After the rest of my crew, Wadd, Kirbs and J.T., took their positions, I shut the canopy of the aircraft. As soon as it locked closed I suddenly felt the calm I was praying for. All of the years of training and months of preparation for this moment took over ... I could do this and was excited and anxious for the combat experience that awaited me.
As we taxied to the catapult I took one more look at the battle flag: My prayer had been answered. "Thank you, God," I quietly muttered to myself.
The jolt of the catapult hurled the 55,000-pound Prowler down the deck going from 0 to 130 knots within 2 seconds. Climbing to 25,000 feet, we turned east and headed to our rendezvous with the tanker aircraft orbiting over Saudi Arabia. It looked like a Christmas tree with the red, green and white lights of over 20 aircraft flying in close formation on three huge Air Force tankers.
As we topped off our gas tanks we moved out, joined up with our F-14 CAP and pushed for the border. With the exception of our internal lights it would be lights out. Only altitude separation would de-conflict us with others in the strike group. It was critical to constantly keep a lookout through the night sky. Despite it being just after midnight, we were able to establish our night vision to see the silhouette of any aircraft that might come close to us.
After accomplishing our combat checklists, it wasn't long before we would cross the border. As we approached a strange feeling came across me ... it was as if we could actually "feel" the border: the hair on the back of my neck stood up and my mouth went dry ... we were actually in Iraq.
"Jammers on," I instructed my crew. We turned north and headed for our destination of "downtown Baghdad," 140 miles away.
As we sped to our northern orbit point at 480 knots, I started to notice a very peculiar thing. From the time we had crossed the border I had not seen one light on the ground in Iraq.
Then, as if someone turned on a light switch, there appeared numerous spots of lights all across the country. The small streaks of lights reminded me of arcs of electricity.
"Hey guys, what do you think that is?"
But before I could finish it hit me: Iraq was shooting at us! Anti-aircraft guns and missiles were streaking into the night sky ... they were shooting everything they had.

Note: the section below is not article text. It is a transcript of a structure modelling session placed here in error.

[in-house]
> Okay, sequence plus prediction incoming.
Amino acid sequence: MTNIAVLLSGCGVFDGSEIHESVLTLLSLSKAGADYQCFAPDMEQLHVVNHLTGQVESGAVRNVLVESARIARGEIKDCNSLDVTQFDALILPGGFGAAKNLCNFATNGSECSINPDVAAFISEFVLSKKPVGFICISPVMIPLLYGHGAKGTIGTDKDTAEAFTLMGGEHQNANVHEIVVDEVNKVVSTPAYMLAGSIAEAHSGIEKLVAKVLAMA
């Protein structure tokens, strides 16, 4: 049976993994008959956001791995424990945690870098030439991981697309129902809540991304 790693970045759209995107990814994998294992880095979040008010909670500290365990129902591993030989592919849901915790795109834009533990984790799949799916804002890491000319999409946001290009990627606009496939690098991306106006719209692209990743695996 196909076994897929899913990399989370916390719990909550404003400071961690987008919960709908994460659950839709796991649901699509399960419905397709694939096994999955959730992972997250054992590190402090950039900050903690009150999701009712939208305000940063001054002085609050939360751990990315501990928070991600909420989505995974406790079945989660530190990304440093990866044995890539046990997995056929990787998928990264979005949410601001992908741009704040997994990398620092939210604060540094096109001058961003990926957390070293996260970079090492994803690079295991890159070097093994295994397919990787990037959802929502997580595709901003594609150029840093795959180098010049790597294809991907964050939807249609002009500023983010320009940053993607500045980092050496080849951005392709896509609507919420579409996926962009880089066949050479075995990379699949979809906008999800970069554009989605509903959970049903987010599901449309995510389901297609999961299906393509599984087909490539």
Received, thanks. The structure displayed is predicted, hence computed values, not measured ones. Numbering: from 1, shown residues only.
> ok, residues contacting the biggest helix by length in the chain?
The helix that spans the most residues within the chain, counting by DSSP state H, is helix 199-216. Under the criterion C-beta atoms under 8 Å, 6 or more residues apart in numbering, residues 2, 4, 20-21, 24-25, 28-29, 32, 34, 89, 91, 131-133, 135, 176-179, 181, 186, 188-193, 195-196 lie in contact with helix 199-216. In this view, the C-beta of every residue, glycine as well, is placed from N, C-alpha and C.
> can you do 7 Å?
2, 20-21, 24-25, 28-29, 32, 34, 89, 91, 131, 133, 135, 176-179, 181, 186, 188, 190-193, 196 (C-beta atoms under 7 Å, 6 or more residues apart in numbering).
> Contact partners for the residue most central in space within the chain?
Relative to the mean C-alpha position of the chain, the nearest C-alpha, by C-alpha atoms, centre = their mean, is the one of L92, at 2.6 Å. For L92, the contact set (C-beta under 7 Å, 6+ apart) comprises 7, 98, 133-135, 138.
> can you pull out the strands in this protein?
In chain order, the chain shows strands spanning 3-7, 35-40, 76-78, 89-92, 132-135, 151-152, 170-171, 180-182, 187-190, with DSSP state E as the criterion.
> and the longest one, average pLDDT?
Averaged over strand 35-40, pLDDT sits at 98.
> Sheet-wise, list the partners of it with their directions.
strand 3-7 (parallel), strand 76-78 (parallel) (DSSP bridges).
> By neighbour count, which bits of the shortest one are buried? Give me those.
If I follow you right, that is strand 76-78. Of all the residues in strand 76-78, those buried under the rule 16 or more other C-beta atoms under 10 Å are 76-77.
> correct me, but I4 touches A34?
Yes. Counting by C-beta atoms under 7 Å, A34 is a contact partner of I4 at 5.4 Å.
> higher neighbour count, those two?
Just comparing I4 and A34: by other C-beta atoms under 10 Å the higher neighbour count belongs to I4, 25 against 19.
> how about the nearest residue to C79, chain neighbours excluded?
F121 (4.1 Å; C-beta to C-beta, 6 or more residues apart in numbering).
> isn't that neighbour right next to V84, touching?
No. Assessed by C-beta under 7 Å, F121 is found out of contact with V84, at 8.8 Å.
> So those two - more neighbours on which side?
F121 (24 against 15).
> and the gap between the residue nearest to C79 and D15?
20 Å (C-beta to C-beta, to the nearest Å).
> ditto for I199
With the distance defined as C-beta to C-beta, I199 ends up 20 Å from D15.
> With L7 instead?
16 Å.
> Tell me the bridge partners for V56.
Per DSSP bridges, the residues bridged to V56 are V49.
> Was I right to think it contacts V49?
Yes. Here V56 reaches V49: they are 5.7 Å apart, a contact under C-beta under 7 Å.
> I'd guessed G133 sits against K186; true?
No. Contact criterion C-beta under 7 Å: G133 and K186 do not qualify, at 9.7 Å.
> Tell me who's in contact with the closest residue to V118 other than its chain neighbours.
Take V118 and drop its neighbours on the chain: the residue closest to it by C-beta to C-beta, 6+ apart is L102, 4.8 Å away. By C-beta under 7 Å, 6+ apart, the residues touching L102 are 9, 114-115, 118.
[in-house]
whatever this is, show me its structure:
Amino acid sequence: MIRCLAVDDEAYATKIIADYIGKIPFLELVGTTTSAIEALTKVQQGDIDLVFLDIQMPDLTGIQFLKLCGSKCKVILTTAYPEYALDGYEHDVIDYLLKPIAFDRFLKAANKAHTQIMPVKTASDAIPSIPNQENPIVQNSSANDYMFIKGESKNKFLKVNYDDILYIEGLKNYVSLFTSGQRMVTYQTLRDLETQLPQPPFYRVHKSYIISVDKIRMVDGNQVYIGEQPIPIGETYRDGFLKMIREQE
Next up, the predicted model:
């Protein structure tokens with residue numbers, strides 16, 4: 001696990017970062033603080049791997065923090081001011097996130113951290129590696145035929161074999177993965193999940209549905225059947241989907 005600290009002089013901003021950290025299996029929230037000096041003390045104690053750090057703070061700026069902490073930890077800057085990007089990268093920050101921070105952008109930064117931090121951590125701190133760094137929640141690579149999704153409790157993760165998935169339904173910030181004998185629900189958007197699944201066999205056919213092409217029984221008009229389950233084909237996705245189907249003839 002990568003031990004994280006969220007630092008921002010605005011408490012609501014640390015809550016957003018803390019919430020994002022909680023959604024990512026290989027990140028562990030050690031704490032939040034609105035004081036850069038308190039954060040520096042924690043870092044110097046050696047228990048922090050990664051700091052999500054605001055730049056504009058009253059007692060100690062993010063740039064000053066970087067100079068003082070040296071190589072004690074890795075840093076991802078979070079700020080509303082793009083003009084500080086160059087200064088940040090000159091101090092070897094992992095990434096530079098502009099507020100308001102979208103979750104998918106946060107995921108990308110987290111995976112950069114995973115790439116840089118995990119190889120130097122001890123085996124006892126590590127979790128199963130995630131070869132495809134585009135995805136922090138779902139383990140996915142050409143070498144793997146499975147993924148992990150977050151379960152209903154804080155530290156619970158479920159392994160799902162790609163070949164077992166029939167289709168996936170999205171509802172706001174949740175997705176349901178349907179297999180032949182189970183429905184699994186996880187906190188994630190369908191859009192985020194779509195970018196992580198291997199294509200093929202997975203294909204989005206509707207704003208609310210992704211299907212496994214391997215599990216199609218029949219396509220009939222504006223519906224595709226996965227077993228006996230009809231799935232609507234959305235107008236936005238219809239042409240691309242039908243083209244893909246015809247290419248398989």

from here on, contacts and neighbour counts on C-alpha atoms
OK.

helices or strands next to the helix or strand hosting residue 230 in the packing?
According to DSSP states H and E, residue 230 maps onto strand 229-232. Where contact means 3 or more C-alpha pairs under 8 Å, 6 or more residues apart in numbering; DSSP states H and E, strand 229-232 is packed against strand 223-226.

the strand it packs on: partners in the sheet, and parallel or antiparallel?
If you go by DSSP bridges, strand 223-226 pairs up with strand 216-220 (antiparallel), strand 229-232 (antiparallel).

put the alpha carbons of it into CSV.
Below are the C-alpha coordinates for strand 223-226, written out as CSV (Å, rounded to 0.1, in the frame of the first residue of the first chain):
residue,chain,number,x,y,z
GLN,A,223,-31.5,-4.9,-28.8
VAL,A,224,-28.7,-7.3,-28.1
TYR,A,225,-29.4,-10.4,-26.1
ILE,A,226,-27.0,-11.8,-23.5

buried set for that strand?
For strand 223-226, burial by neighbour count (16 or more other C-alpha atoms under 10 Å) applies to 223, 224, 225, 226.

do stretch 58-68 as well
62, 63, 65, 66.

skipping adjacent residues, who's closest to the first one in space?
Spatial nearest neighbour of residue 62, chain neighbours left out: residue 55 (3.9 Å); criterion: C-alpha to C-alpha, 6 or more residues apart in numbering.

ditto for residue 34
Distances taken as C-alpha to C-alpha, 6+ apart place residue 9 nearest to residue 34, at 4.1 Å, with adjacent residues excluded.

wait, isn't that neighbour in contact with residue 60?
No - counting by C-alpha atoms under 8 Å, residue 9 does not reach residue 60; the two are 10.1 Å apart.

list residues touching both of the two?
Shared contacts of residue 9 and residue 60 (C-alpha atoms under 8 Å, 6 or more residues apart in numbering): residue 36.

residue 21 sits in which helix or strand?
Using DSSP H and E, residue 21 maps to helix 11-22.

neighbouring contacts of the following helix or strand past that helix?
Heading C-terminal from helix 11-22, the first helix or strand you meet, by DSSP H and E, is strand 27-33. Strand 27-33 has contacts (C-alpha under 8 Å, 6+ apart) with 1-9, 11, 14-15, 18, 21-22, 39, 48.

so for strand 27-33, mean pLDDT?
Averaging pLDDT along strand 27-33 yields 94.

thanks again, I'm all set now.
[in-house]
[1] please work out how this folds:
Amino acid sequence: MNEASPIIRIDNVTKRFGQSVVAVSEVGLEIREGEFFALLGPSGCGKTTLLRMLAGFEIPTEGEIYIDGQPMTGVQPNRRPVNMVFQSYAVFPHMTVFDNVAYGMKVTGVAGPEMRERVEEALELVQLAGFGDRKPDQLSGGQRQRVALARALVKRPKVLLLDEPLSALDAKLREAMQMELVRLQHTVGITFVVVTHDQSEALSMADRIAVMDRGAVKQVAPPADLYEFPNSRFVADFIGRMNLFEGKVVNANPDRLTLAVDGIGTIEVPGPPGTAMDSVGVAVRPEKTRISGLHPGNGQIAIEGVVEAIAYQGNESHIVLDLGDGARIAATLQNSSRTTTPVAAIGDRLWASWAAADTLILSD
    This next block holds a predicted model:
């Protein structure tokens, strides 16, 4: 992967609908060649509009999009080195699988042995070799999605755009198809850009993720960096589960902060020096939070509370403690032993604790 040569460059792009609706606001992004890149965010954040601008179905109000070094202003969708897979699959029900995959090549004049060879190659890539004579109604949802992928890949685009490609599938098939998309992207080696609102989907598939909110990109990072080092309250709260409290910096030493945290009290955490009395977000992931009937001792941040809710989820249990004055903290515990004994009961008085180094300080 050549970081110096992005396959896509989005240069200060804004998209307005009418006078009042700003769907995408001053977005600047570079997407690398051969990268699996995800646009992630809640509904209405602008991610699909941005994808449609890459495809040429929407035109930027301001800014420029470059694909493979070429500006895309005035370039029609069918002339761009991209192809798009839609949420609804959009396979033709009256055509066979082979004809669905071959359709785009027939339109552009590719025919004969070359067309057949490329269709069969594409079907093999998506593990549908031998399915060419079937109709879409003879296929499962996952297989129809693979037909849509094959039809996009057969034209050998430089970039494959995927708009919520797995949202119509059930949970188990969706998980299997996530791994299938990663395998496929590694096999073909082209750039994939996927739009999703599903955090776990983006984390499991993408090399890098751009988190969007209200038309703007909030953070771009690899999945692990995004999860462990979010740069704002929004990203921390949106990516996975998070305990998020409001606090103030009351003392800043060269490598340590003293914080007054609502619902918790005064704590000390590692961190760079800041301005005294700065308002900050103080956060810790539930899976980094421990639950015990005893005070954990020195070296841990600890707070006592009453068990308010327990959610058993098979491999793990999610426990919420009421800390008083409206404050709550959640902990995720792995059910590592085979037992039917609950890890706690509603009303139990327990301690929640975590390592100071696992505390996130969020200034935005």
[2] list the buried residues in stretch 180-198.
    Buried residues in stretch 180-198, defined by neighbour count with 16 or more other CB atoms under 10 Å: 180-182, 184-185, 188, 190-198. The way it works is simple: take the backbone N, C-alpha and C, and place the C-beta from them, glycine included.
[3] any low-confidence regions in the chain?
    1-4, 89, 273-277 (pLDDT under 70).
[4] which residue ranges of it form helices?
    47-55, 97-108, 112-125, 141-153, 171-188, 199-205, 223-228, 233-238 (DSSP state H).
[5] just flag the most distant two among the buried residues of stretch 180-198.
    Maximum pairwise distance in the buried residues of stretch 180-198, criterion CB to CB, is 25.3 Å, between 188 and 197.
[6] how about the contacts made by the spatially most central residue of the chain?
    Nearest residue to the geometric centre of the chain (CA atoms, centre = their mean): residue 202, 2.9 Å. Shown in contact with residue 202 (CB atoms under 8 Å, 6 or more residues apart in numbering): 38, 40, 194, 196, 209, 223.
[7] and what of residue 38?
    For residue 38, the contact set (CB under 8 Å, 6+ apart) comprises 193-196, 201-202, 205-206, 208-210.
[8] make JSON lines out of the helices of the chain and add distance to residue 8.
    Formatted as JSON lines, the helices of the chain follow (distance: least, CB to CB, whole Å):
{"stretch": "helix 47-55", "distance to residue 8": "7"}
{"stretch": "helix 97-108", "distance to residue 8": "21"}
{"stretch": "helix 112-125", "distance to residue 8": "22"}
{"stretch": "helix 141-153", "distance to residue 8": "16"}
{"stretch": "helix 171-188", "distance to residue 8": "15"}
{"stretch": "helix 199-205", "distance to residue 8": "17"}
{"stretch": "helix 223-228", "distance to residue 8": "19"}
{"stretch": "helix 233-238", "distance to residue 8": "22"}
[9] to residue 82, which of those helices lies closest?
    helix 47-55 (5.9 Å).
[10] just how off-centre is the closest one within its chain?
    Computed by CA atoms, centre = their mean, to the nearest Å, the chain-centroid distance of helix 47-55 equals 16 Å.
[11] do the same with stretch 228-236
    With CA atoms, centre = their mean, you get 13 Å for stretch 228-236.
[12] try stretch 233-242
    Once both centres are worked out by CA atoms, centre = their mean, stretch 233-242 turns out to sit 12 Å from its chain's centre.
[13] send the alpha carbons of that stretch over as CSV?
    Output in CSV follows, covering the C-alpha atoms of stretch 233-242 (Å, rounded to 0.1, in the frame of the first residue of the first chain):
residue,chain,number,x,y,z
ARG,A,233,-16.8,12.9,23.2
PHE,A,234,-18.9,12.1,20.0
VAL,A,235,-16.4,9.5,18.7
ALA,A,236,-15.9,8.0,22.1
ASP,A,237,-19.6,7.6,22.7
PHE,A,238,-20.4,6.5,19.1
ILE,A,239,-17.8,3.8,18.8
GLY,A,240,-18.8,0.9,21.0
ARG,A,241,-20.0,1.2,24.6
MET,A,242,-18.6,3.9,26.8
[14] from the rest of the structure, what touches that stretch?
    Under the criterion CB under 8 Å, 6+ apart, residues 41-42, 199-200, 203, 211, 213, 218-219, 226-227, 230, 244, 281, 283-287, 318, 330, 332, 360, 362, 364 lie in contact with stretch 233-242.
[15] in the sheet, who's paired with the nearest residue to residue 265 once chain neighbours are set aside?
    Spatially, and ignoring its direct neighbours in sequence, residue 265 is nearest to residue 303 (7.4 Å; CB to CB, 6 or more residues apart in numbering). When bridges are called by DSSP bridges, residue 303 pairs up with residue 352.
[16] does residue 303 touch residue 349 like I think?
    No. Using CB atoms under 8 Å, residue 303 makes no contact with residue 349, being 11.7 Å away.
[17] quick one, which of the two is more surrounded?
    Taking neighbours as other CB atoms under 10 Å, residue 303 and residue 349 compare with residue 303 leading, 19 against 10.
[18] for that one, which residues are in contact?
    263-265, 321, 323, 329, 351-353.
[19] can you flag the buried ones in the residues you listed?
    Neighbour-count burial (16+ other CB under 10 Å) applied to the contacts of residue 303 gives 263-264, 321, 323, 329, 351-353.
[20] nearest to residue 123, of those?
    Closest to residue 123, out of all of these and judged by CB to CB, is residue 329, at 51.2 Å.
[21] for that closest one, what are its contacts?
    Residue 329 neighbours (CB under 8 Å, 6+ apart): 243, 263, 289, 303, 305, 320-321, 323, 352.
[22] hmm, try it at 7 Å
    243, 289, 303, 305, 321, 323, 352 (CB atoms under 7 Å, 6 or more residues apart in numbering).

About the same time, the Air Force AWACS, our air controller in the sky, began reporting that an enemy MIG-25 fighter aircraft was loitering in the vicinity of our route to our orbit point. We kept our head on a swivel, looking for any sign a missile was on its way toward us.
Suddenly, Kirbs, sitting in the left rear seat, announced, "Hey ... there's an airplane out there ... he's tuning on us ... he fired a missile!"
"Call our break, Kirbs!" I said with anticipation.
"Break now!" Kirbs yelled.
Wadd yanked the Prowler into a hard left turn. I felt the 5 g-forces instantaneously applied against my body, straining with all my might to keep from blacking out. The airplane shuddered and the internal cockpit lights went out.
"I think we're hit!" exclaimed Wadd.
"I don't think so ... check circuit breakers!" I instructed.
We broke out our flash lights and found a popped internal lights circuit breaker. We reset it and the lights came back on.
"Check instruments," I told Wadd.
"RPM good, oil good, no fire lights, controls are good ... I think we are OK."
As we turned back on course for the target area we realized our evasive maneuver had caused our F-14 CAP to lose sight. From then on we were to fly the rest of the mission deep in enemy country without any air-to-air protection.
After all the excitement, "helmet fires" as they are referred to, we concentrated on getting to the target orbit point on time. It was then I noticed a rather large explosion slightly below us and to our right. Whatever it was appeared to be falling, getting smaller and smaller as it approached the desert floor.
For some instinctive reason I marked the location on my map. It wouldn't be until we returned to the carrier that I found out what I had just witnessed.
We proceeded on to our orbit point northwest of Baghdad, arriving on time to provide our jamming as the strike bombers turned to make their bomb runs. Explosions from the bombs lit up the target area as I yelled in excitement.
As we turned for home, elated over what seemed to be a very successful mission, I was confronted with a horrifying realization: we had 140 miles to go in enemy territory with no CAP protection and we now faced a 100-knot head wind! We were truly "alone and unafraid" deep in Iraqi airspace and traveling at what seemed a snail's pace.